How Finance Rigs the Rules of the Market to Its Own Advantage

A new book by a pair of academics explains how banks undermined post-WWII regulatory safeguards to sabotage the functioning of the free market

Patrick J. Sauer
Published in
10 min readJan 30, 2020


Photo: picture alliance/Getty Images

InIn January 1933, Ferdinand Pecora, a “soft-spoken son of Italian immigrants,” assembled a committee to investigate what in the hell led to the 1929 stock market crash. There were, of course, many fathers of the Great Depression, but a 2011 Smithsonian article lays out one of the basic underpinnings of the longest and deepest financial calamity in American history:

“The ‘Pecora commission’ [made] front-page news when he called Charles Mitchell, the head of the largest bank in America, National City Bank (now Citibank), as his first witness. ‘Sunshine Charley’ strode into the hearings with a good deal of contempt for both Pecora and his commission. Though shareholders had taken staggering losses on bank stocks, Mitchell admitted that he and his top officers had set aside millions of dollars from the bank in interest-free loans to themselves. Mitchell also revealed that despite making more than $1 million in bonuses in 1929, he had paid no taxes due to losses incurred from the sale of diminished National City stock — to his wife. Pecora revealed that National City had hidden bad loans by packaging them into securities and pawning them off to unwitting investors. By the time Mitchell’s testimony made the newspapers, he had been disgraced, his career had been ruined, and he would soon be forced into a million-dollar settlement of civil charges of tax evasion. ‘Mitchell,’ said Senator Carter Glass of Virginia, ‘more than any 50 men is responsible for this stock crash.’”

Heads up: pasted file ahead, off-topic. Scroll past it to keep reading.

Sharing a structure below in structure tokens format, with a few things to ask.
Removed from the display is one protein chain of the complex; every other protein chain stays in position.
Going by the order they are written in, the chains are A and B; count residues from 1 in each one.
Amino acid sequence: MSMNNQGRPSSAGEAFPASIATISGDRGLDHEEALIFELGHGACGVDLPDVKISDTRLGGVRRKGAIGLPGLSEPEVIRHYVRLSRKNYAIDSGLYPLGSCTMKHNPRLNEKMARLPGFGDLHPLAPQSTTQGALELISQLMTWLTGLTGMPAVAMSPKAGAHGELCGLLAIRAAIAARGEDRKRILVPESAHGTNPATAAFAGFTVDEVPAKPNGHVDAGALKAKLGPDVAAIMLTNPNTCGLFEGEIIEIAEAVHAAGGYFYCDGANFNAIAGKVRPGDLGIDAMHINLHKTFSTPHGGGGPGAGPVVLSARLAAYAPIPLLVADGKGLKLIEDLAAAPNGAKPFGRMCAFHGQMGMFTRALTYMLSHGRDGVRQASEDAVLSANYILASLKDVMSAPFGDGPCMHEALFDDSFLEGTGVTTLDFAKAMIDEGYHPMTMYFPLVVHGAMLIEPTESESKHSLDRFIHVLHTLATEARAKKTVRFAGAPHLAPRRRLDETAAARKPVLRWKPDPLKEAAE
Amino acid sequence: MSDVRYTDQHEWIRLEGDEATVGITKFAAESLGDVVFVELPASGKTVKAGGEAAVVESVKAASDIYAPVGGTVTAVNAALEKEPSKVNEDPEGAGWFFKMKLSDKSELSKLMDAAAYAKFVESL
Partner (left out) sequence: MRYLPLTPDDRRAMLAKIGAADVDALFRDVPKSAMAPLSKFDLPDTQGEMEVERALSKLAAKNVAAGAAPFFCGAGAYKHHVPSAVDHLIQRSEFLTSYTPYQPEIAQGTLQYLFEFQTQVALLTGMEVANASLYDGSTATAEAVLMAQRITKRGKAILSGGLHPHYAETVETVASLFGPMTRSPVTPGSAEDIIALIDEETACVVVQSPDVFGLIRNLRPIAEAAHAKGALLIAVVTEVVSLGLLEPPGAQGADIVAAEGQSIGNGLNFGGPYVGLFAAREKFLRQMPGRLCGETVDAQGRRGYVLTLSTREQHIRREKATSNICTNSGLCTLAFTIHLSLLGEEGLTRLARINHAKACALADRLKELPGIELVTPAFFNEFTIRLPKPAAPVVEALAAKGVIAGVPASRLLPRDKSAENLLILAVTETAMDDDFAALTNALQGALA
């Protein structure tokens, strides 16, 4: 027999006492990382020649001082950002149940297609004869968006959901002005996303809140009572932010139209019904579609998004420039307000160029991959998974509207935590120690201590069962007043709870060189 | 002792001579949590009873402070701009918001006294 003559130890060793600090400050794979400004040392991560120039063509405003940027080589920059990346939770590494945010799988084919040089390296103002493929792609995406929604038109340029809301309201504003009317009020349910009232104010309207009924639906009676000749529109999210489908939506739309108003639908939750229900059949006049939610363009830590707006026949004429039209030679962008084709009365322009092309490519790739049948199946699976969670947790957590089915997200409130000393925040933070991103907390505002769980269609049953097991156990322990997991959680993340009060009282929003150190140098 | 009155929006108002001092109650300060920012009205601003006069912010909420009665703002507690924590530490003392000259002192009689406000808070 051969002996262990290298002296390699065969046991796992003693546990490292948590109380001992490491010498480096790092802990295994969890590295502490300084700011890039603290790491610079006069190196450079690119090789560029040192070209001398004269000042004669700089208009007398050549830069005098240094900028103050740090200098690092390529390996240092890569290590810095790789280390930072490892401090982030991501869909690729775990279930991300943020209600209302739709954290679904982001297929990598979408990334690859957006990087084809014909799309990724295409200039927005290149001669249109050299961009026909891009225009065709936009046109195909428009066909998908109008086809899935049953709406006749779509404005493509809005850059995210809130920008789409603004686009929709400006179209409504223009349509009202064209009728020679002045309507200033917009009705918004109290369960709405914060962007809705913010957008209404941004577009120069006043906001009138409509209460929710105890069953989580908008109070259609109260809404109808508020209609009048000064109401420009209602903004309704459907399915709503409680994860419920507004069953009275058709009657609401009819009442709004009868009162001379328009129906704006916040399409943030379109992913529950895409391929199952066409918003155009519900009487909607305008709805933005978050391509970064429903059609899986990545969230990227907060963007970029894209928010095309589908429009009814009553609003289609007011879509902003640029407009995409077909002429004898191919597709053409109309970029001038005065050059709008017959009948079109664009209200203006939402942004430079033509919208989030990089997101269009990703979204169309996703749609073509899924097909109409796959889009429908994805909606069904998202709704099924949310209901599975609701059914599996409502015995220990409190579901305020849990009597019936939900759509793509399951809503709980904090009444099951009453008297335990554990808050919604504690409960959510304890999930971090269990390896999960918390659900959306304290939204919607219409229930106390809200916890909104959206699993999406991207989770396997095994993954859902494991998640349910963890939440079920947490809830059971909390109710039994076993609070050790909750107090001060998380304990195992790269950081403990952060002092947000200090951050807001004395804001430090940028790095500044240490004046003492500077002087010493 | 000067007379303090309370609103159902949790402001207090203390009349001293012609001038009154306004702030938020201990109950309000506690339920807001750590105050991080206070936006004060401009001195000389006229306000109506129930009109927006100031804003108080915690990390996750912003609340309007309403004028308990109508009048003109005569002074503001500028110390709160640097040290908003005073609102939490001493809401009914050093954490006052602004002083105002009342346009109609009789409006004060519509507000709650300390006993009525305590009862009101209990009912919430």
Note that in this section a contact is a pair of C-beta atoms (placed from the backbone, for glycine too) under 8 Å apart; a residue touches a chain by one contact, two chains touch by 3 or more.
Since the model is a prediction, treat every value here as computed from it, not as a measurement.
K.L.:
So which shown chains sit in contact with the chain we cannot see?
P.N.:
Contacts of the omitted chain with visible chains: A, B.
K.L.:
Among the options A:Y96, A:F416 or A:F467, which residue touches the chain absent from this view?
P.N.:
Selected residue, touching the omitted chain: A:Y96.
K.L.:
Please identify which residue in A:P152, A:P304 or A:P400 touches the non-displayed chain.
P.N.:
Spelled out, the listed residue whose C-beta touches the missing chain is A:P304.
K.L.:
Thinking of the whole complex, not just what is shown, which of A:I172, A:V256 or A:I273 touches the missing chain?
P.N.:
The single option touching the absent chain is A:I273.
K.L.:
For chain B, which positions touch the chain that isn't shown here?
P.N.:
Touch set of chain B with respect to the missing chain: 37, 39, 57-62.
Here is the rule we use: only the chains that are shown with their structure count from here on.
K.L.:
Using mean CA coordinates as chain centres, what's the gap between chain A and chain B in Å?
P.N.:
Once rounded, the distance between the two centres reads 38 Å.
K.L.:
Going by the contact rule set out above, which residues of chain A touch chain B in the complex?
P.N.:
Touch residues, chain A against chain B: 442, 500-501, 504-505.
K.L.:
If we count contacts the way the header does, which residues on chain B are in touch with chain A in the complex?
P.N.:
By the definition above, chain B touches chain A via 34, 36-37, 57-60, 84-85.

It wasn’t happenstance, or bad luck. It was sabotage, a willful act of destruction to game the system. And it led to important changes on behalf of average citizens. The reforms that came out of the Pecora commission were substantial. They included the Securities Act of 1933, which outlawed filing false information about stock offerings; the Securities Act of 1934, which formed the SEC; and the Glass-Steagall Banking Act of 1933, which separated commercial and investment banking.